Fast Company just scored a sit-down with Mark Zuckerberg, and in the interview they discuss the 32-year-old Facebook CEO's 6,000-word mid-February open letter about building a global community, whether or not money is the company's main motivator now, and how he plans to continue to address the issue of misinformation and fake news proliferating on the platform.
Unfortunately, Fast Company's interviewer, Robert Safian, doesn't really press Zuck on this latter point the fact that Facebook has become, without fully acknowledging it, a media company in its own right, and the more it tries to deny this the more it can be used as a proliferator of alternative facts, gossip, and hearsay that masquerades as fact.
But, below, some pullquotes from the interview in which Zuckerberg stands behind the company's mission to continue "giving the most voice to the most people" on the planet, and defends all of Facebook's issues over the last year as results of it being still "a work in progress."
You know, we talk about connecting everyone in the world and that is far from complete. We are almost at two billion people [at Facebook], out of more than seven billion in the world, so from our perspective we are earlier on in this than later. If you look at the arc of human history, hundreds of thousands of years, it is a story of how people have learned to come together in bigger numbers to do things that we couldn’t do separately. Whether that’s coming together from tribes to building villages, or building cities into nations, it has required social infrastructure and moral infrastructure, things like governments or media or religion, to enable people to work together.
When you’re talking about spreading freedom or trade, or you’re talking about fighting terrorism, where a civil war in one country leads to refugee crises across multiple continents, these are not typically problems any one country has the tools by itself to go solve. I think we have a responsibility as a technology company at a pretty big scale to see what we can do to push on that.
I think Facebook has always been a mission-driven company. I didn’t start Facebook as a business. I wanted this thing to exist in my community, and over some number of years I came to the realization that the only way to build it out was if it had a good economic engine behind it. I think that increasingly, especially with folks who are millennials, that [view] is going to be the default.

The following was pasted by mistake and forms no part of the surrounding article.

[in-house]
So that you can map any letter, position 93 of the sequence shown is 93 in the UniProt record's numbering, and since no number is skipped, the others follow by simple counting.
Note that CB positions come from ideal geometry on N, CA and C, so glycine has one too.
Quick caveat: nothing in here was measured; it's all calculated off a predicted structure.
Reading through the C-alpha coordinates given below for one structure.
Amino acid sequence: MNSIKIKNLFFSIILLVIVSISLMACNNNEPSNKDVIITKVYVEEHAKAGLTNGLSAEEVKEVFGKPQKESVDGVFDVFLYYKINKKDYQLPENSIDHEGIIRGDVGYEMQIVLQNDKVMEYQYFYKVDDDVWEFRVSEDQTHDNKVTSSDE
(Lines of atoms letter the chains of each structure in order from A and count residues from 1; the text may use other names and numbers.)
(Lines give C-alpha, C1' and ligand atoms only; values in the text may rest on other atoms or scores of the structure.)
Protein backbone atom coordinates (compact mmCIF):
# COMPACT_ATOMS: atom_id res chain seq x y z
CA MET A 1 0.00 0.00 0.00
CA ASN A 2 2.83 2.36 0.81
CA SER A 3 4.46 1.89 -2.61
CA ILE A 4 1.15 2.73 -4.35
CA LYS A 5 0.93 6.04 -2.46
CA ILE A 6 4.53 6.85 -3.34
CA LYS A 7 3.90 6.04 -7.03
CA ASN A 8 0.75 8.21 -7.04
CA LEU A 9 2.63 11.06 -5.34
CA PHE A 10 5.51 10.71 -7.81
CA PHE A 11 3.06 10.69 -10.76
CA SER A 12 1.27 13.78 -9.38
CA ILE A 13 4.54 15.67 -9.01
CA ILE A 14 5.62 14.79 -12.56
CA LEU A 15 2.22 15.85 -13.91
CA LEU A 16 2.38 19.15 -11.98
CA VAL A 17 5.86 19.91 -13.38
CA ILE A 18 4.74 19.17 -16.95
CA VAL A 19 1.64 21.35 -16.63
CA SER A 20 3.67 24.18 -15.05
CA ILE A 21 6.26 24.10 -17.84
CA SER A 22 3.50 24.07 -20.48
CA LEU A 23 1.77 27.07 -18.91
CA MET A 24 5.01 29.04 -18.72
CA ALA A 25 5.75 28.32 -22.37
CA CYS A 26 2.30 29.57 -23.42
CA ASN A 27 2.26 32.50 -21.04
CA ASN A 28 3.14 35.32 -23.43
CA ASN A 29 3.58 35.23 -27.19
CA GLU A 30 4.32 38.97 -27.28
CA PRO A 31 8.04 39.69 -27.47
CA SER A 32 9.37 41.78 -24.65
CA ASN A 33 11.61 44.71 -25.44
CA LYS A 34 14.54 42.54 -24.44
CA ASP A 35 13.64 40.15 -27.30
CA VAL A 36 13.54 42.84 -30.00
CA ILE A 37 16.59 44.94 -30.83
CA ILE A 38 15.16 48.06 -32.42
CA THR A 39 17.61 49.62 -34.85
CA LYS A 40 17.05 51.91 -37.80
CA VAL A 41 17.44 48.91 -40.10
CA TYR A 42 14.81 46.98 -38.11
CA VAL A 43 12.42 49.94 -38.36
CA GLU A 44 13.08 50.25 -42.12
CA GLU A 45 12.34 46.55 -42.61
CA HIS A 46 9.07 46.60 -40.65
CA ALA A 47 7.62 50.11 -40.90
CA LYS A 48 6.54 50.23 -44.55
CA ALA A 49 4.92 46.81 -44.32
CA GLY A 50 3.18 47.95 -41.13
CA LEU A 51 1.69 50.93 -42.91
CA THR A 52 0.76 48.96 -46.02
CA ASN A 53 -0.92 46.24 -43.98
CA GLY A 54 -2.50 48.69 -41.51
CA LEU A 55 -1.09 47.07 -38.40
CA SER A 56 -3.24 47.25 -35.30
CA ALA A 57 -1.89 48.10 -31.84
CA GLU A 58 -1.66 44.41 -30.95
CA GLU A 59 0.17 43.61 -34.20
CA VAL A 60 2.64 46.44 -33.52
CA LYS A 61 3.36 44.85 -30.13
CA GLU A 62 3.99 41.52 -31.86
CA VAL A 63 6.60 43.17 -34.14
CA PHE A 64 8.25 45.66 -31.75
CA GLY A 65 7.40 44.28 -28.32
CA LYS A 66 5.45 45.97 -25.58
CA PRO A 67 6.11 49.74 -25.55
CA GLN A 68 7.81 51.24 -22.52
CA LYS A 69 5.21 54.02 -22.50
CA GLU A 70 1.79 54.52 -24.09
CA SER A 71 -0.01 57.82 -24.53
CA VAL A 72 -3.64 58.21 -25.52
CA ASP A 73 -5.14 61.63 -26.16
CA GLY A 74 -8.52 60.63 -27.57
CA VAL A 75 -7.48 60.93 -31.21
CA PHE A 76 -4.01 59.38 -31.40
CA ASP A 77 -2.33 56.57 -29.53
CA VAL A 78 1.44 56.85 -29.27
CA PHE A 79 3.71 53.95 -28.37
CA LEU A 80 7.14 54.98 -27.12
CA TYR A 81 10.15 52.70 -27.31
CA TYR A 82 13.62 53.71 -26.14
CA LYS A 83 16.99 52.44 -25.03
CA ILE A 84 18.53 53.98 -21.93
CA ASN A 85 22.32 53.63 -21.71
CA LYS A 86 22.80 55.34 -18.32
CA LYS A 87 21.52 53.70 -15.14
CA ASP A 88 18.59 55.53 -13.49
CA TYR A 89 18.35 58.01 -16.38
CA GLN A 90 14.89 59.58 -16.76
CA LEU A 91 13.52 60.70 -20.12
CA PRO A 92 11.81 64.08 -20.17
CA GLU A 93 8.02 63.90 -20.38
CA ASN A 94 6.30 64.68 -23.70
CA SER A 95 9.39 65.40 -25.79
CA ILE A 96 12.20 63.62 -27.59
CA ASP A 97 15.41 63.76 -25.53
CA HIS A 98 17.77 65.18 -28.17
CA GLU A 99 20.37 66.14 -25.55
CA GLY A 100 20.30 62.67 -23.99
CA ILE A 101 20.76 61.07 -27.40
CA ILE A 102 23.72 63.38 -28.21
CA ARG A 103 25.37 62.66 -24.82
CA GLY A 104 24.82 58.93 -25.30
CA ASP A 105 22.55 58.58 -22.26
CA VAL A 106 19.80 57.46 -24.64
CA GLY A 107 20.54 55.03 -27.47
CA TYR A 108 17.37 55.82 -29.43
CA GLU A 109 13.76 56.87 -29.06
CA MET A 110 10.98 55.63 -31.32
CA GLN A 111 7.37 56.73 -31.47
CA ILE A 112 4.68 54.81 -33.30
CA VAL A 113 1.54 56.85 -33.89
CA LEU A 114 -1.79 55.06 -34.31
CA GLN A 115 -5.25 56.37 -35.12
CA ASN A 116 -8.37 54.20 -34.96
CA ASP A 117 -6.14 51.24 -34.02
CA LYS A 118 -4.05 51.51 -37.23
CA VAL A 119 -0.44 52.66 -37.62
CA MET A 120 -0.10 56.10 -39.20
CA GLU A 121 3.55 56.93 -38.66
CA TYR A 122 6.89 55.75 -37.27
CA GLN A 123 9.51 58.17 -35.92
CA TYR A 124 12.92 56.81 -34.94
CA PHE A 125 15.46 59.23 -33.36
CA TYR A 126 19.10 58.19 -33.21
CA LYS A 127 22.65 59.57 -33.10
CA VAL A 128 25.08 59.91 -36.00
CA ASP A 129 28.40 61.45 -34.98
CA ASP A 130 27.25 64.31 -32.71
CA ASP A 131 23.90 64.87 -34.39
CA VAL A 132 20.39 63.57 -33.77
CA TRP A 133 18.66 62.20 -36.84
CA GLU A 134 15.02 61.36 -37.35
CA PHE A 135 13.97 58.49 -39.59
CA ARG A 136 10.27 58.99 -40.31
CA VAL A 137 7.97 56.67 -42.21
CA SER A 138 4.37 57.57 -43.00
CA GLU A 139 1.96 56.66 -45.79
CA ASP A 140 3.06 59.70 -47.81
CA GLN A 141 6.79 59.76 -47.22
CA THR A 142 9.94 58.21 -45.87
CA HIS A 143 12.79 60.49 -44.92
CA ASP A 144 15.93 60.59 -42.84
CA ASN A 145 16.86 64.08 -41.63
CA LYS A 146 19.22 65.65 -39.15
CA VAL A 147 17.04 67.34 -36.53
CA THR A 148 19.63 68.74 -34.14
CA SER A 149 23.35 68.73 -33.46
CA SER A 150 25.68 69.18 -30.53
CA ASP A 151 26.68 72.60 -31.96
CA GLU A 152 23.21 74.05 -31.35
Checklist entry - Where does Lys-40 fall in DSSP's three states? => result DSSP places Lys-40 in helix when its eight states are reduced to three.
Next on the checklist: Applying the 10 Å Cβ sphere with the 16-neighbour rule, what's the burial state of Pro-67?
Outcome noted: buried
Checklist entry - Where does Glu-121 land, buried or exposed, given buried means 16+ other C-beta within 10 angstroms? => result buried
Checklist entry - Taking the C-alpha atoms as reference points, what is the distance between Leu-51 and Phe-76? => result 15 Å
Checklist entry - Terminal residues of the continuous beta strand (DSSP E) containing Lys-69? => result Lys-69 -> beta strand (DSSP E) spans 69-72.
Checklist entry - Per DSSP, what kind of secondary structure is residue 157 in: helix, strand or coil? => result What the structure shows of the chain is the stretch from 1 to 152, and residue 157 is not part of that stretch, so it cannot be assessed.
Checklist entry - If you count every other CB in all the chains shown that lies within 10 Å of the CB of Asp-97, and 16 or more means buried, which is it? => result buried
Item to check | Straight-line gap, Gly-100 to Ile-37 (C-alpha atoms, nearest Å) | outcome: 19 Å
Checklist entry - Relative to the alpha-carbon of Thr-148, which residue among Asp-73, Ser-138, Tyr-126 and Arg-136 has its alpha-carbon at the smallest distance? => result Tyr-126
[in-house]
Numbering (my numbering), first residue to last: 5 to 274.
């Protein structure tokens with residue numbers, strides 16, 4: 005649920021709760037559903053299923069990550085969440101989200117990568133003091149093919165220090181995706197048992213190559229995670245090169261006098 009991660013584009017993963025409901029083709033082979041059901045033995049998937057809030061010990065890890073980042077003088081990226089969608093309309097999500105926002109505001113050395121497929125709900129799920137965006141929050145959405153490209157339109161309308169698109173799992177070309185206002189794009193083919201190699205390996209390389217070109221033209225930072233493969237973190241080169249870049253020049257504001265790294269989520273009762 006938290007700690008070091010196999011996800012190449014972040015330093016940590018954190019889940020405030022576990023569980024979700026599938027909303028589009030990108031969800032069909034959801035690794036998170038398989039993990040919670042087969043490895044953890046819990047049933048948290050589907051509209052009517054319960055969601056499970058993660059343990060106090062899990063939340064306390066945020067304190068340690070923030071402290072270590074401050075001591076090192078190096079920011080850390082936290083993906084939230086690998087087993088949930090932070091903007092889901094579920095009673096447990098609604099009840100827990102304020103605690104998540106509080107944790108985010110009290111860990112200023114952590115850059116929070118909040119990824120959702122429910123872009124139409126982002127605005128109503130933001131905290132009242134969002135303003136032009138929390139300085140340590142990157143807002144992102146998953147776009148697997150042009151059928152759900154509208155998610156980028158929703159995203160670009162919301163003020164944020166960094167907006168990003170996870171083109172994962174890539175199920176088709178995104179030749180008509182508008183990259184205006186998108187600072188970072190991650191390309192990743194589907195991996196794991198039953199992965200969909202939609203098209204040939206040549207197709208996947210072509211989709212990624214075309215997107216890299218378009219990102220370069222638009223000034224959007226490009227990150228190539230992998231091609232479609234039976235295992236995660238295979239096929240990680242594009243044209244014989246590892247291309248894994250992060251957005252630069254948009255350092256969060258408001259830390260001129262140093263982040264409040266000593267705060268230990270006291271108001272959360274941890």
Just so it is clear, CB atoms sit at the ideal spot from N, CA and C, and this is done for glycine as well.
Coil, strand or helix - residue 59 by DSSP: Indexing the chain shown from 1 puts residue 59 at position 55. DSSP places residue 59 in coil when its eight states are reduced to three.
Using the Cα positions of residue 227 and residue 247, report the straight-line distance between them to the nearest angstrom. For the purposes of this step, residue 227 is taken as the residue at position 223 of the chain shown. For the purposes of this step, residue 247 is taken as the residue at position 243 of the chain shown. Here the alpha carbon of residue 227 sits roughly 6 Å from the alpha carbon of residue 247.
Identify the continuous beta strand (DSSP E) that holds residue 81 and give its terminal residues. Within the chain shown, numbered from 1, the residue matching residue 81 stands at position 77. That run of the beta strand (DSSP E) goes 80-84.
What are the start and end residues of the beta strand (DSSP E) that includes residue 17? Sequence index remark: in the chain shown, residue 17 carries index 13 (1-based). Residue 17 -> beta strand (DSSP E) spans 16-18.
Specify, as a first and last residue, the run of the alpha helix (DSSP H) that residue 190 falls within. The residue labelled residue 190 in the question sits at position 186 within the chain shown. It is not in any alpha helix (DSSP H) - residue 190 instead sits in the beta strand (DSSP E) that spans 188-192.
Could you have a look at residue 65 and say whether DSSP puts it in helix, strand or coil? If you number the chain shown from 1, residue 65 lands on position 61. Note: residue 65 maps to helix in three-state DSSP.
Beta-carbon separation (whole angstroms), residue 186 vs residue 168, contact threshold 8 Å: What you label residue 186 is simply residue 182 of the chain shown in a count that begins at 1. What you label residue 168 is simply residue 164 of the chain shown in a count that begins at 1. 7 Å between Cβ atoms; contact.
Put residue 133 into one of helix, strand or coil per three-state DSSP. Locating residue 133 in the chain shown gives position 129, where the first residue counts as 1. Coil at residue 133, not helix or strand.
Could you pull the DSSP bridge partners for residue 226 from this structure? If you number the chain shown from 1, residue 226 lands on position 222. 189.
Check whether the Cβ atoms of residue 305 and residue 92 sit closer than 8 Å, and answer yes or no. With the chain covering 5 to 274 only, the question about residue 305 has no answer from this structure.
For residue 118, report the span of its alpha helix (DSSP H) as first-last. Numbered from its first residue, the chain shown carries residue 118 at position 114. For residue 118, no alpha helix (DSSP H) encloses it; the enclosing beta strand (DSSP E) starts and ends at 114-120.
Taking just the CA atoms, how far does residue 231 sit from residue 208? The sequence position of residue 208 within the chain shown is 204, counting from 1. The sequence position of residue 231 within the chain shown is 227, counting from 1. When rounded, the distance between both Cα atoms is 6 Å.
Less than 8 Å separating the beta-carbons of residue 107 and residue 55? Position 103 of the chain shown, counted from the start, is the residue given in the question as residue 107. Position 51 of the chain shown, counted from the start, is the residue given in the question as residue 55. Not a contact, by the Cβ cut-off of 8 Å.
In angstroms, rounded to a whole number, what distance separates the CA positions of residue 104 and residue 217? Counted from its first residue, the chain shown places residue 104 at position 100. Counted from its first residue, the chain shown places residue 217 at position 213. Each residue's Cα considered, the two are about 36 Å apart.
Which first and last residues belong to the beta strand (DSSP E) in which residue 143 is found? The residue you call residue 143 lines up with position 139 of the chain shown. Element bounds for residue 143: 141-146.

I just view this as a continual thing that every day we can come in and push the line further back on how many people have a voice and how much voice each person has, and we’re going to keep pushing on all of that. It just is this constant work. And at each point, you uncover new issues that you need to solve to get to the next level. Some people will say, oh you tolerate those issues. But the simpler explanation is that the community is evolving. We build new things, that surfaces new issues, we then go deal with those issues, and we keep going. Go back a few years, for example, and we were getting a lot of complaints about click bait. No one wants click bait. But our algorithms at that time were not specifically trained to be able to detect what click bait was. The key was to make tools so the community could tell us what was click bait, and we could factor that into the product. Now it’s not gone a hundred percent but it’s a much smaller problem than it used to be.
We have come to this realization that a bunch of people sitting in a room in California is not going to be the best way to reflect all the local values that people have around the world. So we need to evolve the systems for collective decision making. It’s an interesting problem.
There was a case in Pakistan a handful of years ago where someone tried to get me sentenced to death because someone created a [Facebook] group about encouraging people to depict the Prophet Muhammad. That was illegal in Pakistan but not around the rest of the world. We didn’t show it in Pakistan, but we didn’t take it down everywhere. Some people thought, hey that’s bad that you’re not taking it down. Some people thought, hey why are you taking it down in Pakistan? Our view is, we’re trying to give people as much of a voice as we can around the world, realizing that it’s not perfect at any given point in time but if we do our jobs then day after day we will be increasing the breadth of what people can do and fast forward 20 or 30 years and the world will be in a much better place.
Depending on how controversial of a cycle we’re in, people might focus more on the positive or the negative, but in running a company like this you want to be a little more steady. You’re never going to get everything perfect, but every day you can come in and make progress and make people’s lives, on balance, better. And if you repeat that process for a very long period of time, the value compounds and you can make a very big impact.